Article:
A collectible card game (CCG) set in White Wolf's World of Darkness. Each player represents a Methuselah, one of the shadowy elder vampires who pulls the strings of younger vampires from the shadows. The game was originally called Jyhad. Originally owned by Wizards of the Coast, now owned by White Wolf.

Game Setup: Like most CCGs, you must buy cards in order to play. Original runs are out of print, but are often sold on eBay cheap; newer runs such as Sabbat and Ancient Hearts can be found in gaming stores. Again, like most CCGs, you must fashion a deck of cards before play.

Building A Deck: In V:TES, a deck consists of two piles of cards: the first pile is called the crypt, and consists of vampire cards, while the second pile is called the library, and consists of all other cards.

The crypt must have at least twelve cards in it; typically, it'll either have only twelve (to ensure drawing the wanted vampires), or it'll have a huge number (for a weenie deck where the idea is to bring out a lot of low cost vampires). Each vampire has a cost (in pool) to bring out, a list of Disciplines (vampiric powers) they can use, and perhaps some special ability. Most decks will have vampires with similar Disciplines (because it makes playing Discipline-related cards easier), but this is not always true.

The number of cards the library may have depends on how many people are playing, but eighty is a good number. Each card represents an item, a location, or an action that either you or one of your vampires can undertake. Just about all of the cards have a tangible cost; unlike in Magic: the Gathering where most cards are paid for in mana which regenerates each turn, most cards in V:TES cost you pool or one of your vampires blood, leaving you or your vampire weaker in the process. Many cards also require a vampire to have a Discipline in order to use them.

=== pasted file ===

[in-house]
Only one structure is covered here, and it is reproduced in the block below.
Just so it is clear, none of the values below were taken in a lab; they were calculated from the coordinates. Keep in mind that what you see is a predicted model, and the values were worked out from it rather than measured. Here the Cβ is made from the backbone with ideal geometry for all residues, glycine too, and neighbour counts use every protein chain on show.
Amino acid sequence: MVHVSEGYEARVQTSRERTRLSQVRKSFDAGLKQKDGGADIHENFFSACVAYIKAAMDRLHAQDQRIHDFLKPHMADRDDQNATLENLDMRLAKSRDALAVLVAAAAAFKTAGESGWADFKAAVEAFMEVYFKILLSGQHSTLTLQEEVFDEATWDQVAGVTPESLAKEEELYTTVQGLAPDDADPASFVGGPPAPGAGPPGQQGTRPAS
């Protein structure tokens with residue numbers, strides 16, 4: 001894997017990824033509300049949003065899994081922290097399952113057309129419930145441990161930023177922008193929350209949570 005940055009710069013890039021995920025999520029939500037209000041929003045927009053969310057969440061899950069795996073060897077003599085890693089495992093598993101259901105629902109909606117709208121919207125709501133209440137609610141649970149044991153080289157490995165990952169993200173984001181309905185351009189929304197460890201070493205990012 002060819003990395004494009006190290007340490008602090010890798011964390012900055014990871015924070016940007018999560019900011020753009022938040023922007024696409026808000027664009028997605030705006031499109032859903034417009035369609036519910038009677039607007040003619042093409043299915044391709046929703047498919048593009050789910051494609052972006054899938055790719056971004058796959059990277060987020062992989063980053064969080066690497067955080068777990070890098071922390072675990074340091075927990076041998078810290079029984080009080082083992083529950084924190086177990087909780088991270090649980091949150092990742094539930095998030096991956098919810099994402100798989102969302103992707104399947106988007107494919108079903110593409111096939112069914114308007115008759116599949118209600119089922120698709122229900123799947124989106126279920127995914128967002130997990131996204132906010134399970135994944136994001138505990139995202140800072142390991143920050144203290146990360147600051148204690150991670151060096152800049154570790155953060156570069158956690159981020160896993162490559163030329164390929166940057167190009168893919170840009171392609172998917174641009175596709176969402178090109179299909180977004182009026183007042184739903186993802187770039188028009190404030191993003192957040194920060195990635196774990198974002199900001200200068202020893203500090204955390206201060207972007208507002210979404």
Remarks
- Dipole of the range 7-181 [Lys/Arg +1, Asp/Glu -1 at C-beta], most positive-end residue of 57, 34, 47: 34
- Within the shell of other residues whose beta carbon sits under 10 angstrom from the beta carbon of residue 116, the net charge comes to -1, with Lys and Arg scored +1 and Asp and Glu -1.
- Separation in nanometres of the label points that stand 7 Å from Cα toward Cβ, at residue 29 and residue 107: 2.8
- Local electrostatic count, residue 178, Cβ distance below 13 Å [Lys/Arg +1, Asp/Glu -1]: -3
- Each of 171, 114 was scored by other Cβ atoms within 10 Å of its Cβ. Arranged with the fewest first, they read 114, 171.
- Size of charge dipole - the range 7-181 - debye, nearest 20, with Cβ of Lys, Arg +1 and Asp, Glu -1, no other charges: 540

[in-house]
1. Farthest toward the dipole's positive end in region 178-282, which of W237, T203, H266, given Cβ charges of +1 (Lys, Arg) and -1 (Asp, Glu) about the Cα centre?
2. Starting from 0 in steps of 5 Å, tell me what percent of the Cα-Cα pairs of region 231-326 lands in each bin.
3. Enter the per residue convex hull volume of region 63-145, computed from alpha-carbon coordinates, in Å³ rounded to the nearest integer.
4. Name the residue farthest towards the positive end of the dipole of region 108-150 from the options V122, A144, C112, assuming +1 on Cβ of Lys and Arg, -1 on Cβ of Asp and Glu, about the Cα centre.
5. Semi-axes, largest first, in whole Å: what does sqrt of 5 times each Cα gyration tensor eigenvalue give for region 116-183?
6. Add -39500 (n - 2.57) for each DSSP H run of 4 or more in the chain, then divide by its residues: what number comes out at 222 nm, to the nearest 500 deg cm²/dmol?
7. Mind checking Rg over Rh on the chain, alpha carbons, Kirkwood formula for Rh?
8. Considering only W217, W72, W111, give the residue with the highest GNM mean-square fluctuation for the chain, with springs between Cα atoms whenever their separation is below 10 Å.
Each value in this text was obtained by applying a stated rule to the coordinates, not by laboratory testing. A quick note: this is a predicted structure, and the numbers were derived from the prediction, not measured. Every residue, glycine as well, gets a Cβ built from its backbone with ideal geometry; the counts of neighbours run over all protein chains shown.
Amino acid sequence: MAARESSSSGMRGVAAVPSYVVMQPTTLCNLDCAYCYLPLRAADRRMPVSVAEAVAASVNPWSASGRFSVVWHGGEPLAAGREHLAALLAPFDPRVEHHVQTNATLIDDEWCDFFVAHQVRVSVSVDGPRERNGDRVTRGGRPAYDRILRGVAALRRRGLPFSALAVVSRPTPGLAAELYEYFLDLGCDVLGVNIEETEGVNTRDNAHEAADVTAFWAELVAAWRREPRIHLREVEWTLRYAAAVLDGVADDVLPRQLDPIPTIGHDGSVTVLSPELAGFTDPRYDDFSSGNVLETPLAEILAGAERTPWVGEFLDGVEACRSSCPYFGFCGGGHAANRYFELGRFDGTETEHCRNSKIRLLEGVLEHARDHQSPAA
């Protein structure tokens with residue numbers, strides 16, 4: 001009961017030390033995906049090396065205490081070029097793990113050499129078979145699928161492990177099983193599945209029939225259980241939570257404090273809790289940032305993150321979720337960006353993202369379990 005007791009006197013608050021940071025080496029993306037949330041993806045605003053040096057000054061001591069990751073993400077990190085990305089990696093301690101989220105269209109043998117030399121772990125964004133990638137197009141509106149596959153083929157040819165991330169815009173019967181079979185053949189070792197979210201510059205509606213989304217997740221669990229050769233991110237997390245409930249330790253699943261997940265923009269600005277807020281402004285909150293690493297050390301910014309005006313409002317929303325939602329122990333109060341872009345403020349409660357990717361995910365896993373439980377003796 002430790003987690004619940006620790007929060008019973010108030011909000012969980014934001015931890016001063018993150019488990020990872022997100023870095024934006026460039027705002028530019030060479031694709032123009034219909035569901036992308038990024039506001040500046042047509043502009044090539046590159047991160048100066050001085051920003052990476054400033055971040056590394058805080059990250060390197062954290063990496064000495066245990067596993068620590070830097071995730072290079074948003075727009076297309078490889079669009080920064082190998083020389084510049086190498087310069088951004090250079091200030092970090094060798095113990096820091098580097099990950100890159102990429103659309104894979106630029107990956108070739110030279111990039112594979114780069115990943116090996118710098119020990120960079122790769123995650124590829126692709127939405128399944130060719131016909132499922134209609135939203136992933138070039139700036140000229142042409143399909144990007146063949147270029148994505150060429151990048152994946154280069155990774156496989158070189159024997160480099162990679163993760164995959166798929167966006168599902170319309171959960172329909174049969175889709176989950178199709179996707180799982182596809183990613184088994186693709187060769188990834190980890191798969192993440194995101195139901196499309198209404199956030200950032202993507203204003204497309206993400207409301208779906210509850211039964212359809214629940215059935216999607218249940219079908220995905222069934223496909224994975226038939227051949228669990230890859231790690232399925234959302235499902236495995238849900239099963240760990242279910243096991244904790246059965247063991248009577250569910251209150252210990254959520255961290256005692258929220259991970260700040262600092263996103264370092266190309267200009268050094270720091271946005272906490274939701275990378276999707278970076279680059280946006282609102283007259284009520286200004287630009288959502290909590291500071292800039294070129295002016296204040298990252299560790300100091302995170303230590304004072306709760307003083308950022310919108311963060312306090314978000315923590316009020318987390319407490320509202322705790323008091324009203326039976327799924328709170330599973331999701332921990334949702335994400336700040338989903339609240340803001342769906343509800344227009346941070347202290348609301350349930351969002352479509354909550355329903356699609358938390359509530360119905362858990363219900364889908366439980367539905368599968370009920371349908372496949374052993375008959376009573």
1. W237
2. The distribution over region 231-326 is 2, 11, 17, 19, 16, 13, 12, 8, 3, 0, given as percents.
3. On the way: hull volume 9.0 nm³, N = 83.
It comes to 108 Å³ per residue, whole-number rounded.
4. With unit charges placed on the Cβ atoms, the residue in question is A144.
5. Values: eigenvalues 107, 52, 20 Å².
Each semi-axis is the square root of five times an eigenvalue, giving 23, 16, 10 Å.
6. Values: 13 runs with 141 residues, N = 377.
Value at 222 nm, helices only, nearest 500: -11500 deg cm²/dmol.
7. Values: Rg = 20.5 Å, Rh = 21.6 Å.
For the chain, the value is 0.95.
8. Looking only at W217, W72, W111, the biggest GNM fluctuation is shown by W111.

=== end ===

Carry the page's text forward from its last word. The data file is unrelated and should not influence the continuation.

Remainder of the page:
Play: The players sit in a circle. The optimimum number of players is five, but anything larger than two will work (two is good for learning, but not so much for playing). The person to a player's left is considered that player's prey; the person to a player's right is considered that player's predator. The object of the game is to oust your prey (by reducing their pool to 0), without being ousted by your predator. Ousting your prey gives you a point, and some more pool as a bonus. Since it does not matter who ousts a player -- the player's predator always gains the point and the pool -- short term alliances are common, but long term ones are not; you wish to help the your grand-predator (your predator's predator) enough to keep your predator from focusing fully on you, but not so much that your grand-predator will oust your predator and then become your predator. Similarly, committing too many resources towards attacking your prey leaves you open to attack by your predator, and playing too many cards that cost pool (or bringing out too many expensive vampires) can leave you low in pool, vulnerable to a lucky strike.

There are three main types of strategies in V:TES:

The game follows a rock-paper-scissors design: Bleed decks will beat bruiser decks which will beat political decks which will beat bleed decks...This is not always true, but close enough. For any strategy, there is a way to neutralize that strategy.

Good Points:

Bad Points:
  • Unless everyone you're playing with is good, the game can take a long time to play; two hours for a five player game would not be uncommon.
  • The game has a steep learning curve, especially if you don't know the World of Darkness. There are (at least) forty symbols printed on the cards that you need to know, and it takes awhile to learn them. Additionally, there are a lot of non-obvious rules, and it will take awhile to learn them, as well. Magic: the Gathering is simple in comparison.
  • For maximum enjoyment, you need other people who know how to play the game and play it well. These people are not always easy to come by.

Log in or register to write something here or to contact authors.